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What is a Sybil Attack?

May 31, 2018

Decentralized networks are susceptible to a wide range of attacks by malicious actors. Following on from our series on the various consensus algorithms, we will now examine the various vulnerabilities of decentralized networks and analyze how DLTs seek to mitigate them.

One such attack is known as the ‘Sybil attack’ where a malicious actor takes over a majority of nodes on the network and can therefore control it. This form of attack is a problem any decentralized and permissionless peer to peer network must guard against, including the likes of BitTorrent as well as DLTs.

The important nuance here is ‘permissionless’, as DLTs can be both permissioned (such as HyperLedger) and permissionless (such as Bitcoin and Ethereum). A permissioned network is a closed system in which all users are known and are approved for access to the network. As a result, they are commonly utilised for enterprise, where the ability to limit user access and rights is beneficial.

In contrast, a permissionless network allows any user to join the network with no imposition placed upon them. This causes an issue. If left unchecked, it would allow a malicious actor to generate identities on a large scale to take over the network by virtue of controlling most of the operating users/nodes.

These multiple identities might appear as different users but in reality would be under the control of a single party. Once they generate enough identities, they end up with a controlling influence over the network without the other users even realizing. This is the basis of a Sybil attack, and it opens up a host of potential attack vectors such as:

  • An attacker blocking transactions from other parties, as the attacker controls the nodes that other nodes are connected to
  • Breaking private transactions, as the attacker controls most of the nodes and therefore can tell how these transactions are being routed and where they are originating from)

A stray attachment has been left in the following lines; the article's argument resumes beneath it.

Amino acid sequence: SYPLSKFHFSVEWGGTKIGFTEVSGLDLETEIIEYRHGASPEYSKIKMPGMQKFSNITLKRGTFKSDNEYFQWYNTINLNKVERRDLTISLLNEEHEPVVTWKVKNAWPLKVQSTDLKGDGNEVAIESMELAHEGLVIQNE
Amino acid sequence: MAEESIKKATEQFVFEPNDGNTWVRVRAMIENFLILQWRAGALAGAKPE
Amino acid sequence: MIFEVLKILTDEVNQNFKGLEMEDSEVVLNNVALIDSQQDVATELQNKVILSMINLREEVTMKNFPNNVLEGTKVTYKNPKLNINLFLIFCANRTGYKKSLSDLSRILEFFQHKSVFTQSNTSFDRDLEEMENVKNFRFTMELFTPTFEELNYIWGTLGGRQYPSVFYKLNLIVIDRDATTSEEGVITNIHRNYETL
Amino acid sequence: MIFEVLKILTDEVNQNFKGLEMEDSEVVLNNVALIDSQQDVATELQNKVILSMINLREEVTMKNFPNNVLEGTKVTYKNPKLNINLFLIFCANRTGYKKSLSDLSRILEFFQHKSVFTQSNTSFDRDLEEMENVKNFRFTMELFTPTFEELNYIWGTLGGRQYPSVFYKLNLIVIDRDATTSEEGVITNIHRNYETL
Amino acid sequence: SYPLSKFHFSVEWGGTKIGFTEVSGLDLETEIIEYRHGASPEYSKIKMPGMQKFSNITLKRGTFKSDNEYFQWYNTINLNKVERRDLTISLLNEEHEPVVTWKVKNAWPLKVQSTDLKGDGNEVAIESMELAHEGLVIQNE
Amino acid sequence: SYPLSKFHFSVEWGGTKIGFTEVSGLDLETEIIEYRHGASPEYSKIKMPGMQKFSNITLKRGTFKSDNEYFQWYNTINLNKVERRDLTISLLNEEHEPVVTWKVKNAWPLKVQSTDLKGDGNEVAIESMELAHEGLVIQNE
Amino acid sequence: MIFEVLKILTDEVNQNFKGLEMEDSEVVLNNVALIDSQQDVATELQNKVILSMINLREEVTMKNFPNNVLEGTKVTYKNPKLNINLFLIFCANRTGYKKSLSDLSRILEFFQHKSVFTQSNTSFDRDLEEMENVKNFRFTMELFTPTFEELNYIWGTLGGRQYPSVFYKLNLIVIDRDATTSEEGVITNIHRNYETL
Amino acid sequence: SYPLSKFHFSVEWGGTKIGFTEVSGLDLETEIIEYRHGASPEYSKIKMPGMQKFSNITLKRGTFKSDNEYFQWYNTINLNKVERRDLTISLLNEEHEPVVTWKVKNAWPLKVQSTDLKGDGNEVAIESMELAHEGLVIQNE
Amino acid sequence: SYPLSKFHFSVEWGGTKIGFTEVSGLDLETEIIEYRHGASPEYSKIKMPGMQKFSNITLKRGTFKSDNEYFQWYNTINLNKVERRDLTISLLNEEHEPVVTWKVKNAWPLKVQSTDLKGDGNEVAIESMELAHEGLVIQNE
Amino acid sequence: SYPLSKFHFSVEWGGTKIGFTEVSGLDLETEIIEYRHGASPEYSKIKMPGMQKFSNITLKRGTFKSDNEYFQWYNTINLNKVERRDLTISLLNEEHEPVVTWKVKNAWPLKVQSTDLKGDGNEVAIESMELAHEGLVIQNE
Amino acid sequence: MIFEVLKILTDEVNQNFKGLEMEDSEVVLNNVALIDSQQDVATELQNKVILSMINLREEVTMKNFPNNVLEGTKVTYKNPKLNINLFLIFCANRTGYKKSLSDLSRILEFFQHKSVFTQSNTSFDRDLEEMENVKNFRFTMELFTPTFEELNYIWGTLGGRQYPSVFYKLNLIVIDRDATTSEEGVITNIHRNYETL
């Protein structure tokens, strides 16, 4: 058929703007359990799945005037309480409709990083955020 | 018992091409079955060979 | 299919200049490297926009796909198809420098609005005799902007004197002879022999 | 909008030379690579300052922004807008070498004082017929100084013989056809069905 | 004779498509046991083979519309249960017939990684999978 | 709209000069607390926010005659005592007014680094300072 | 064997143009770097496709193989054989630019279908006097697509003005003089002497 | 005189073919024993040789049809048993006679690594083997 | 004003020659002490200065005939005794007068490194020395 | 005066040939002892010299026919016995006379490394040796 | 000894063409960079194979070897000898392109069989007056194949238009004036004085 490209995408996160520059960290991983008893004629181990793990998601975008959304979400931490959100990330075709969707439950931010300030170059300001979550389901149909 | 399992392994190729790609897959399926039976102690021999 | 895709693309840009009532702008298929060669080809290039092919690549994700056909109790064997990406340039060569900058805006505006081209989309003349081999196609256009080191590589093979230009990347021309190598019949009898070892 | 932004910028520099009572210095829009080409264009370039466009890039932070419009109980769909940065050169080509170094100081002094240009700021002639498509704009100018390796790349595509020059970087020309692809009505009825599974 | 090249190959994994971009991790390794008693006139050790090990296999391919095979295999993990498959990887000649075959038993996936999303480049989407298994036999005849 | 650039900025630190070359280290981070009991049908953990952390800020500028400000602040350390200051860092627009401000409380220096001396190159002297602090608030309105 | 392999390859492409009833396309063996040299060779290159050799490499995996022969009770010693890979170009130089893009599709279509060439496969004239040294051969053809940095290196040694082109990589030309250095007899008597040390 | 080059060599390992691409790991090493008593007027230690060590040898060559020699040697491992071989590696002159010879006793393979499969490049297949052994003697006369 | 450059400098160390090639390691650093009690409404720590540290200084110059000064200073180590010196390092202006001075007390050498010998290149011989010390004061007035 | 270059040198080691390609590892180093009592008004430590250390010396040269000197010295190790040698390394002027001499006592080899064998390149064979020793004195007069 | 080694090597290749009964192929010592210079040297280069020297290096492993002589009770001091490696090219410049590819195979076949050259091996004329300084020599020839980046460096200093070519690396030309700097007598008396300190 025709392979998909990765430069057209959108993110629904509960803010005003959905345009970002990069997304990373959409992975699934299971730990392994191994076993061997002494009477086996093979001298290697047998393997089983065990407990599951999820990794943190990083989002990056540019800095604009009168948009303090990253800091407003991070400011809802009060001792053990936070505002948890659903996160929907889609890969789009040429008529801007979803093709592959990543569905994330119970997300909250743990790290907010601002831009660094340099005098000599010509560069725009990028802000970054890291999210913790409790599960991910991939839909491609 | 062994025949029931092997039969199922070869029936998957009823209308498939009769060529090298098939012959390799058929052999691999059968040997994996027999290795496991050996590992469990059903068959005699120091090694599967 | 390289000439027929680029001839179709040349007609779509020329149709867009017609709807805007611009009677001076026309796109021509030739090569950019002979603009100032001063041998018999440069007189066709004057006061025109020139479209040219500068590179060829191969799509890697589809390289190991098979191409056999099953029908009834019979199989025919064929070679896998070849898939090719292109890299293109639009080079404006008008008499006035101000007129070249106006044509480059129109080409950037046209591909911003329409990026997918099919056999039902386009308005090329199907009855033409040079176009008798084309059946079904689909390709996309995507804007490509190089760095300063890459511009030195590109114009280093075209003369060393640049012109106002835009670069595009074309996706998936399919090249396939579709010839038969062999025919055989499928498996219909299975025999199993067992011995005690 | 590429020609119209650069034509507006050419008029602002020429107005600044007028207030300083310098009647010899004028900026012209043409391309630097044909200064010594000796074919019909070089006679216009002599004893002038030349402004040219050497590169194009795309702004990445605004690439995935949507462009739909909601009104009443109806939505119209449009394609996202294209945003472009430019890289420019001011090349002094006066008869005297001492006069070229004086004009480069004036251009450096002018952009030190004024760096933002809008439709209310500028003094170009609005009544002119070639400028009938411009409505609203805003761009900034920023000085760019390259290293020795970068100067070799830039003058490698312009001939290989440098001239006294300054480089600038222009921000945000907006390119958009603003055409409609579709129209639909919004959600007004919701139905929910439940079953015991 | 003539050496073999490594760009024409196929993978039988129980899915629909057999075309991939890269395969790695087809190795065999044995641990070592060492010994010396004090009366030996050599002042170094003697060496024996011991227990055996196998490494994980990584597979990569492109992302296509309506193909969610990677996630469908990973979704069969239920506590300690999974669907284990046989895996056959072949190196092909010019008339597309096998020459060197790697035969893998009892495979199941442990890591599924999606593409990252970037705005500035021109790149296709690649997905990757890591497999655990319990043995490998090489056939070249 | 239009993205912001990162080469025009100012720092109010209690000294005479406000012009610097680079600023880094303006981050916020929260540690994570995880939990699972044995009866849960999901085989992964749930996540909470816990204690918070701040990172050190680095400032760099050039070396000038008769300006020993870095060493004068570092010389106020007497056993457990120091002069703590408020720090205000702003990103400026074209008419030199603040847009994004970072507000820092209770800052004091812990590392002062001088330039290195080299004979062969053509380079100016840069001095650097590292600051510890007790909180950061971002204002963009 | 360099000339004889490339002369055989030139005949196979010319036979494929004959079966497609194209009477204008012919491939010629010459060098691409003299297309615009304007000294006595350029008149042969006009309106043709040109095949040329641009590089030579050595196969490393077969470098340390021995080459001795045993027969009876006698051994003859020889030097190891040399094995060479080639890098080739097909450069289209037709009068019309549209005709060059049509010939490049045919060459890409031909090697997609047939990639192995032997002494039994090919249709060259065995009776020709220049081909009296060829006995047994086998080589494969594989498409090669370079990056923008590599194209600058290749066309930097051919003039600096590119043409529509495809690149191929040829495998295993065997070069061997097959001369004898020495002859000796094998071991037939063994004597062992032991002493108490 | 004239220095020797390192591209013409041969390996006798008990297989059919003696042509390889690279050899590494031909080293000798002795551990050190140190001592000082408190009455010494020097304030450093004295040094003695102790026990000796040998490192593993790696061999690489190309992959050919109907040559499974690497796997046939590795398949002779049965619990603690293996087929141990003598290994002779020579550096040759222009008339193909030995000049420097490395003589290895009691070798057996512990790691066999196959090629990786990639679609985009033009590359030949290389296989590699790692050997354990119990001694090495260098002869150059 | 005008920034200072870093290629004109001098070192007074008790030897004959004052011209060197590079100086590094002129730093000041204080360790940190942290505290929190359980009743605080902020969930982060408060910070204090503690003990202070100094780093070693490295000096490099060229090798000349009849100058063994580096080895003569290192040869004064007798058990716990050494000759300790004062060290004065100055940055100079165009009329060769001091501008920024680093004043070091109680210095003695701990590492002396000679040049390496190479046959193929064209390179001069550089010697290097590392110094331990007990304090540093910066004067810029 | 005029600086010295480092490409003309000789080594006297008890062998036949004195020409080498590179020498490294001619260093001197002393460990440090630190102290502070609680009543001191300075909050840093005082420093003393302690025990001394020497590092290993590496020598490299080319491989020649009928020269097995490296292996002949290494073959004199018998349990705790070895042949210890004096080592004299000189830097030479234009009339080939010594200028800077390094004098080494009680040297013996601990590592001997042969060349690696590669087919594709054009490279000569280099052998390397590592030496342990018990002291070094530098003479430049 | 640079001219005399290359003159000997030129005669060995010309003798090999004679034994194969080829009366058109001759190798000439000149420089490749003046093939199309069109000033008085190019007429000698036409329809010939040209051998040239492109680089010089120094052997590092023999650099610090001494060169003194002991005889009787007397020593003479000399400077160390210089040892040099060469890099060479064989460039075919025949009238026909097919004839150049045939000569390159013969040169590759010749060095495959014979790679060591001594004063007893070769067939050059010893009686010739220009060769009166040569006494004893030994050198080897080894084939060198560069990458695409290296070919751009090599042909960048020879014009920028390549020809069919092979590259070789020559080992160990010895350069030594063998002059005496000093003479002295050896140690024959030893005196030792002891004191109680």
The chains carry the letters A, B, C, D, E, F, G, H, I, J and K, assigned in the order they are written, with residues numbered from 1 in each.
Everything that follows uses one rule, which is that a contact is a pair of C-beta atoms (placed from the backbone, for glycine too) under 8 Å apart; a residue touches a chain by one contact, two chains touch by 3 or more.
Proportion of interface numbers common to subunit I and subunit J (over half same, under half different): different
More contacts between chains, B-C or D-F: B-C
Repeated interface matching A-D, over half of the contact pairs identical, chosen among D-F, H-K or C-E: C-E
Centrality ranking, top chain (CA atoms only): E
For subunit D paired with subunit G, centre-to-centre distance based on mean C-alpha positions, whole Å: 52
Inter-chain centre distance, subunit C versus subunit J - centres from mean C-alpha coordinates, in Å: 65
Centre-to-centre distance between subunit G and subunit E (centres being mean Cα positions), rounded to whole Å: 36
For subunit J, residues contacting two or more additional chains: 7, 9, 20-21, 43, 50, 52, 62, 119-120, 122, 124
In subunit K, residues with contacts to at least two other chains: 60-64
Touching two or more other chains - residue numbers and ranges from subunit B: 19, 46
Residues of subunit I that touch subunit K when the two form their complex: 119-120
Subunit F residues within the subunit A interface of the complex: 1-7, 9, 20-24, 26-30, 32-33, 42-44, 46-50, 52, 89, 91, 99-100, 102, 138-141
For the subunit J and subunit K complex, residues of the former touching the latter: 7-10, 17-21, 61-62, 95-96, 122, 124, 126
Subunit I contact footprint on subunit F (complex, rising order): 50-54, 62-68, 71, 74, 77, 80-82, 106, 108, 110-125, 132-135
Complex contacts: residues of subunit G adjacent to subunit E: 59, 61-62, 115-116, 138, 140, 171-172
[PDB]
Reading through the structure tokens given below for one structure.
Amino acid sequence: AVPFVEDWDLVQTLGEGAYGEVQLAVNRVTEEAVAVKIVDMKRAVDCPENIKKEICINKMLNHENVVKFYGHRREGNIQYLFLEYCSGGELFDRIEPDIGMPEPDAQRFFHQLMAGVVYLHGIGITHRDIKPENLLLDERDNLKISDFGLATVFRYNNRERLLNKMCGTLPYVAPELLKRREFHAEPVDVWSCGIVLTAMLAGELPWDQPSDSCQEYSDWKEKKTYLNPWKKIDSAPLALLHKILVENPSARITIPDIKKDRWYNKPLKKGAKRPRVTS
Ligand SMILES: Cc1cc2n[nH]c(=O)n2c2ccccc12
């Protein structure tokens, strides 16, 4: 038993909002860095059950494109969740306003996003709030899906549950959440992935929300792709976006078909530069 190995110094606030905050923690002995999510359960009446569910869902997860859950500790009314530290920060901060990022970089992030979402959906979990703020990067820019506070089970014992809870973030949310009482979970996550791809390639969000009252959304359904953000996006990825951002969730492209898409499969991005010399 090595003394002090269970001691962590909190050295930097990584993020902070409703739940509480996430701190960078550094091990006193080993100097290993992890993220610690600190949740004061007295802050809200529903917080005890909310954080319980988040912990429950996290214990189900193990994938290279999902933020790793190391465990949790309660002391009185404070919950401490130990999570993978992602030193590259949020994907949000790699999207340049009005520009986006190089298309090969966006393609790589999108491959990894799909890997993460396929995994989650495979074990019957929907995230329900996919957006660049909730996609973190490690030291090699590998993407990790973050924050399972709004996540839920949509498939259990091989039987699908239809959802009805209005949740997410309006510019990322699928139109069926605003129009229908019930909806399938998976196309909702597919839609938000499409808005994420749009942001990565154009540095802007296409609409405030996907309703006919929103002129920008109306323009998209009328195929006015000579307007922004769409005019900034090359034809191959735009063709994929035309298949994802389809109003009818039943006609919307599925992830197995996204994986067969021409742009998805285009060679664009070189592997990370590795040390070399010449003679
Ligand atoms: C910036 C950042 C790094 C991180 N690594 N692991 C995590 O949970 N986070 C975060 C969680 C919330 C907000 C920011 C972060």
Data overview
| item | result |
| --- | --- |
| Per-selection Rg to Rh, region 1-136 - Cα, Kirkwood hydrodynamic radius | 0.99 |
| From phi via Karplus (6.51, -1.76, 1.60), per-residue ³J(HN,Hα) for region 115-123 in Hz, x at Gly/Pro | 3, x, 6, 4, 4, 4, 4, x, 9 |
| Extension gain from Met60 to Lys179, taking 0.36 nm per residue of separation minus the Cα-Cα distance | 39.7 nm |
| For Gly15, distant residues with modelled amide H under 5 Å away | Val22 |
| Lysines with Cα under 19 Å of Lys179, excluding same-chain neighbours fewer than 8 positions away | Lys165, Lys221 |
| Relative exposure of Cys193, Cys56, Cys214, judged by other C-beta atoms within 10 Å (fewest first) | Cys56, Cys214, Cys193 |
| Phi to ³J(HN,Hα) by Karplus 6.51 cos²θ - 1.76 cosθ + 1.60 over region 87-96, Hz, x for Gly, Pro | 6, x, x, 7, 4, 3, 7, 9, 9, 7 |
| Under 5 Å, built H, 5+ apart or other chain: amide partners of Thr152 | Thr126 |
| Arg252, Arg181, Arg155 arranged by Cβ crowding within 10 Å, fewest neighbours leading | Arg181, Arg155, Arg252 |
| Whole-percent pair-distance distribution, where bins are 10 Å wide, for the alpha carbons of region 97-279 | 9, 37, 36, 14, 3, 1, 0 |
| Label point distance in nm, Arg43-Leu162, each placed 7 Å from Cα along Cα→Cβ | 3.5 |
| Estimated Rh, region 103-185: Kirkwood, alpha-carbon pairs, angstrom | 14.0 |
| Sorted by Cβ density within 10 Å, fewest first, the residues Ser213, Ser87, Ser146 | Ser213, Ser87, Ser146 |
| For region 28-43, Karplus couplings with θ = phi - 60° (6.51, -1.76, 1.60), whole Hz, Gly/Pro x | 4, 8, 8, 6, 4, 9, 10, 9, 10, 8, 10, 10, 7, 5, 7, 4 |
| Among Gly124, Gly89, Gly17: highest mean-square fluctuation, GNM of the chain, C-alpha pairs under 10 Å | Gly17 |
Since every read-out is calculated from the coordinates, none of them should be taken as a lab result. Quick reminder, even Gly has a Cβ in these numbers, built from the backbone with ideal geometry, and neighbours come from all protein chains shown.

• The dominant actor only transmitting the blocks they have created, which would put others on a separate network (and therefore vulnerable to double spend attacks)

In a permissioned environment, Sybil attacks are easy to prevent; a centralized authority can verify each user and authorize (or reject) them to join the network. They might do this by limiting the number of users per IP address or by asking users to sign in with individual profiles (requiring unique email addresses, tied to a specific domain, for instance).

A permissionless DLT does not have this luxury - no-one can stop you from joining the Bitcoin network - and must therefore put in place systems to prevent Sybil attacks.

DLTs have been able to overcome this attack vector through the consensus algorithms they employ to prevent a malicious actor from simply creating lots of multiple identities to take control of the network. PoW is one means through which this is achieved, with users only able to mine blocks proportional to their computing power. As such, an actor who created 1 million separate ‘users’ on Bitcoin would find each instance only possessing 1/1000000th their original computing power. It is not the number of users that counts in Bitcoin mining, it is the total processing power available.

PoS acts similarly, with users having to stake the token of the network in question to be able to generate new blocks. A malicious actor could not just create millions of users and take over the network as they would not have the asset backing to be able to do anything with these empty puppets.

There are other consensus algorithms, but they follow a common theme. They require participating users to spend, use, stake, vote or otherwise provide proof that the user has expended a resource deemed valuable in order to generate new blocks or transactions. This is what limits bad actors from flooding and taking over the network.

While DLTs can prevent Sybil attacks, they are not built to detect them, and vulnerabilities remain. One of the most obvious issues surrounds initial distribution, particularly with PoS and DPoS consensus algorithms. A project could set up multiple pretend buyers, enough to outnumber all other buyers, and purchase the majority of the token supply under numerous different accounts. Once the network launches, said team would possess most of the identities on the network without the wider user base knowing. The network would therefore be vulnerable to various majority attacks.

Additionally, being able to prevent Sybil attacks does not mean the network is immune to other forms of assault. For example, while preventing against them protects the network as a whole, it does not prevent individual nodes on the network from being isolated from the ‘real’ network without their knowledge. This can cause a multitude of issues for the victim as they become solely connected to a malicious actor who is then able to exploit their vulnerable state in what is known as an Eclipse attack.

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